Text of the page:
Be Safe While Having Fun: River Safety Starts With A Life Jacket

The DNR encourages residents and visitors to practice safety while enjoying Wisconsin's rivers and shorelines this summer.  - Photo credit: DNR
The DNR encourages residents and visitors to practice safety while enjoying Wisconsin's rivers and shorelines this summer. Photo credit: DNR

Contact(s): Joanne M. Haas, Bureau of Law Enforcement
608-209-8147 or joanne.haas@wisconsin.gov

July 6, 2020 at 9:47:29 am

MADISON, Wis. Summers make for long, busy days on the 84,000 miles of Wisconsin rivers as residents and visitors load picnics, canoes, kayaks and kids' toys for memorable fun along the shores and in the waters.

This season, Wisconsin Department of Natural Resources' conservation wardens, local authorities and first responders are urging attention to safety when planning activities near and in rivers. River safety tips stem from a foundational belief of having respect for the river and its shores. Be smart and stay aware because a river's potential danger is often not visible to the human eye.

These potential risks are why conservation wardens and area agencies stress the importance of wearing a life jacket - especially for children who find shorelines particularly inviting. The higher, fast-moving water can tax an individual's boating, paddling and swimming skills.

"What may look like a flat, inviting river or stream, may disguise a fast-moving current pulling debris out of your sight and under the surface - and could put you in danger without a lot of warning," said Capt. April Dombrowski with the DNR Bureau of Law Enforcement.

The same life jacket tip applies to lakes, which also are subject to changing conditions often linked to weather events. However, rivers present continually changing conditions - most often choreographed by the ever-changing currents. Currents are powerful forces that can reconfigure shorelines, carry and hide debris and construct or destroy sandbars that otherwise look deceptively solid.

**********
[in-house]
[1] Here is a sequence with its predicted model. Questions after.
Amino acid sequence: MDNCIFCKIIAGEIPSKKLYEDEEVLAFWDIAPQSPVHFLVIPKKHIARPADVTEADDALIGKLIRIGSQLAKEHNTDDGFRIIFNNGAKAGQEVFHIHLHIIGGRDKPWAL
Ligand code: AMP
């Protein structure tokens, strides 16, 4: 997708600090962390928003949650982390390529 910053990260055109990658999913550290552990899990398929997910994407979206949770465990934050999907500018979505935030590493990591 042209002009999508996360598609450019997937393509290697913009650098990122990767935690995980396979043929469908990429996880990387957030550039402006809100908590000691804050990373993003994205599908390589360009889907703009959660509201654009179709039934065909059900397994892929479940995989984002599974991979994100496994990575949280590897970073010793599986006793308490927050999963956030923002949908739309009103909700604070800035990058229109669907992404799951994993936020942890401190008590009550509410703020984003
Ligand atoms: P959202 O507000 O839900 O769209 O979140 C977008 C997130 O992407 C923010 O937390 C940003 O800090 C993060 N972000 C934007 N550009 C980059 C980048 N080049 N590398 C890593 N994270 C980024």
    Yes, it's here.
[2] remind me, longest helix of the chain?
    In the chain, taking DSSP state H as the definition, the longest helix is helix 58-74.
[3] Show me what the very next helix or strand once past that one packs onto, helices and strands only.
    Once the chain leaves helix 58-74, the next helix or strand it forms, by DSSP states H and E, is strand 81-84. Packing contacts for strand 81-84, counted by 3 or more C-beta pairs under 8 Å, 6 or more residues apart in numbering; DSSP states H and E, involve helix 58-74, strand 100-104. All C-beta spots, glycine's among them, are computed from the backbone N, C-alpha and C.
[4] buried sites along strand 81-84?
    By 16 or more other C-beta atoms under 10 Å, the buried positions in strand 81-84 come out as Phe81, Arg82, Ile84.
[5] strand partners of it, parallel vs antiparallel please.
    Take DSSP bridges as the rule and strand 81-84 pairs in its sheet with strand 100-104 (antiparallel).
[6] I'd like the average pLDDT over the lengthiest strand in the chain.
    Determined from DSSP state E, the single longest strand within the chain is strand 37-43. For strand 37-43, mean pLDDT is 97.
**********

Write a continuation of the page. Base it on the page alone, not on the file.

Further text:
Life Jackets Are A Top Safety Tip For Boating And Exploring Shorelines

Wardens and authorities say their unified goal is to highlight the importance of wearing life jackets and how to be safe while having fun. There are many styles and sizes of life jackets, making them comfortable for any outdoor activity. Authorities say putting a life jacket on a child looking to play in the sand near the water is a must.

"Always wear a U.S. Coast Guard-approved life jacket when venturing out on the water," Dombrowski said. "Wearing one just might save your life."

The sad truth is that most drowning victims on Wisconsin waterbodies were not wearing life jackets. Wisconsin rivers are safe and family-friendly places to spend a summer day or a few days, but safety and respect for the water should always be on your mind.

Life jackets will keep you on top of the water if you walk off an unexpected drop-off, a current overpowers you or you fall out of a boat. Putting on a life jacket before wading, playing along shores or getting in a boat gets you ready to focus on the fun.

Sandbars Are Not Permanent

Wardens and authorities say a river's flow is always rearranging sandbars - which are not permanent islands. The water moves the sand, thereby strengthening and weakening these temporary islands.

That means a sandbar may hide a steep drop-off or a deep hole into the rapid current below. The best safety tip is to assume a sandbar cannot support a person's weight.

Currents Can Overpower A Person Of Any Size

Authorities say a river's current often is not easily noticeable to the person standing on the shore or even wading at the edge. However, it can be strong enough to overpower a person and make even the strongest of swimmers unable to swim against it.

Get your life jacket and plan your summer fun with recreational boating, paddling and swimming. For more information about portable flotation devices, visit the DNR's PFD webpage.MAD

Last Revised: Monday, July 06, 2020

Contact information

Need an expert? Contact the Office of Communications.

The Office of Communications connects journalists with DNR experts on a wide range of topics. For the fastest response, please email DNRPress@Wisconsin.gov and the first available Communications Specialist will respond to you.